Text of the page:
Localization of Peripheral Pulmonary Lesions Using a Method of Computed Tomography-Anatomic Correlation and Radial Probe Endobronchial Ultrasound Confirmation

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Peripheral pulmonary lesions requiring a diagnosis continue to present challenges to clinicians. One significant barrier is the inability to reliably locate peripheral lesions by bronchoscopic approaches. Multiplanar computed tomographic (CT) scan reconstruction is available to most physicians and provides axial, coronal, and sagittal images that may be used to estimate target lesion location and guide bronchoscopists during procedures.


This study was performed to evaluate a systematic method of CT-anatomic correlation based on multiplanar reconstruction CT scanning with monoplanar fluoroscopy during bronchoscopy to locate peripheral pulmonary lesions and confirm lesion location, using radial probe endobronchial ultrasound.


A retrospective review of peripheral bronchoscopy cases in which radial probe endobronchial ultrasound for peripheral lesions was performed at a tertiary care, university hospital. All cases involved a systematic approach of reviewing axial, coronal, and sagittal CT reconstructions, coupled with monoplanar fluoroscopy during procedures to assist with locating peripheral lesions.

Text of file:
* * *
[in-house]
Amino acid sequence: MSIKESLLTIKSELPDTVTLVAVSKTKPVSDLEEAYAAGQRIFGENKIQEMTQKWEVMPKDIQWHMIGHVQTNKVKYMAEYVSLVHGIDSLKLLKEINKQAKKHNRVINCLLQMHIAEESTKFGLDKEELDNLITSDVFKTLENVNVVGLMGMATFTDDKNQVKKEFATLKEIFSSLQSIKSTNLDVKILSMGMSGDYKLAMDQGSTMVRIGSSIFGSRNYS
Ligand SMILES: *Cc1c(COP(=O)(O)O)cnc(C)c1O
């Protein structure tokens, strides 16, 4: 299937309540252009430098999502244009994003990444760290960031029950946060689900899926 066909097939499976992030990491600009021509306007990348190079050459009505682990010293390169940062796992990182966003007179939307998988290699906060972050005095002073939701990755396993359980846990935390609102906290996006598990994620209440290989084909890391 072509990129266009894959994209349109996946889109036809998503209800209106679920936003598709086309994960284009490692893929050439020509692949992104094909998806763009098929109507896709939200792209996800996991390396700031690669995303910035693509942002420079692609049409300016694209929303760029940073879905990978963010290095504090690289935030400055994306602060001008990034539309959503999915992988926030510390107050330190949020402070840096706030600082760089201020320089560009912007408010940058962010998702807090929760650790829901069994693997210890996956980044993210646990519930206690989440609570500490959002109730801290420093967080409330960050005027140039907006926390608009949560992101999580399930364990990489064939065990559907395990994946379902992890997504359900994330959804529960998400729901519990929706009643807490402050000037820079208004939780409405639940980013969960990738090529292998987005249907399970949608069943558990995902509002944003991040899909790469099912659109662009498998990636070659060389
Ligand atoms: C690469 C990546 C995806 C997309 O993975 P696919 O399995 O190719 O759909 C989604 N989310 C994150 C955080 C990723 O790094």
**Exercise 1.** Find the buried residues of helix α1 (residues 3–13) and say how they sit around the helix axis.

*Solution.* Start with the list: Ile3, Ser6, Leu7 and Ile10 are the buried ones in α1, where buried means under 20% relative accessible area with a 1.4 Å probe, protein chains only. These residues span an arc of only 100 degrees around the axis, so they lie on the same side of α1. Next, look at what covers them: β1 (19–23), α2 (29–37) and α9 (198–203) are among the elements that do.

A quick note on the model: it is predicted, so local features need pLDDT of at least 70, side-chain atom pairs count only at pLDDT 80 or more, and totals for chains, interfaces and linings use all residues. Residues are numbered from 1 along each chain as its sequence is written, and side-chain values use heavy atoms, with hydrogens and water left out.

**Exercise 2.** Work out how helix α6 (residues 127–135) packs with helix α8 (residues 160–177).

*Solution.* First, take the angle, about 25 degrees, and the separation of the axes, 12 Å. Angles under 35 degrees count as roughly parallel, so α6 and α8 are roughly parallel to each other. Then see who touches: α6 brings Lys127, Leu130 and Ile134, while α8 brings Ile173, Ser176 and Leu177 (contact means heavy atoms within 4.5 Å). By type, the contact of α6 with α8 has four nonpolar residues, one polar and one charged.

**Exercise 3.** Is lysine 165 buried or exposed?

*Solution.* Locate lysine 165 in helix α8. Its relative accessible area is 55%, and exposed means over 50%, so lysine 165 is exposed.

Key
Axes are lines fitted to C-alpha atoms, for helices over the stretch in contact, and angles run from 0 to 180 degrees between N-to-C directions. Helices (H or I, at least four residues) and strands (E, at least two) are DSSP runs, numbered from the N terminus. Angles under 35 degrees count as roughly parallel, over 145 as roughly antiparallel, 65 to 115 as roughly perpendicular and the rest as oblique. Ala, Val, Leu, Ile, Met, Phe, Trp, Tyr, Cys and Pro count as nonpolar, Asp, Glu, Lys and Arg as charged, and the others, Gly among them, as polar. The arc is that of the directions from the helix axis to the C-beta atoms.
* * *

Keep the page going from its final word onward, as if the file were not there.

Measurements and Main Results:

Using the method of CT-anatomic correlation, 332 of 348 (95.4%) of all lesions were successfully localized and confirmed, using radial probe endobronchial ultrasound. Lesions 1-2 cm in size accounted for 45% of all lesions, and the ability to locate lesions was not significantly different based on lesion size. Mean time to lesion localization was 6.8 minutes. Larger lesions and lesions demonstrating an air bronchus sign on CT scan were located in less time. The overall diagnostic yield was 58.9%.


A systematic approach applying CT-anatomic correlation with multiplanar CT scan reconstruction and monoplanar fluoroscopy during procedures can result in an efficient, and successful process for locating peripheral pulmonary lesions.

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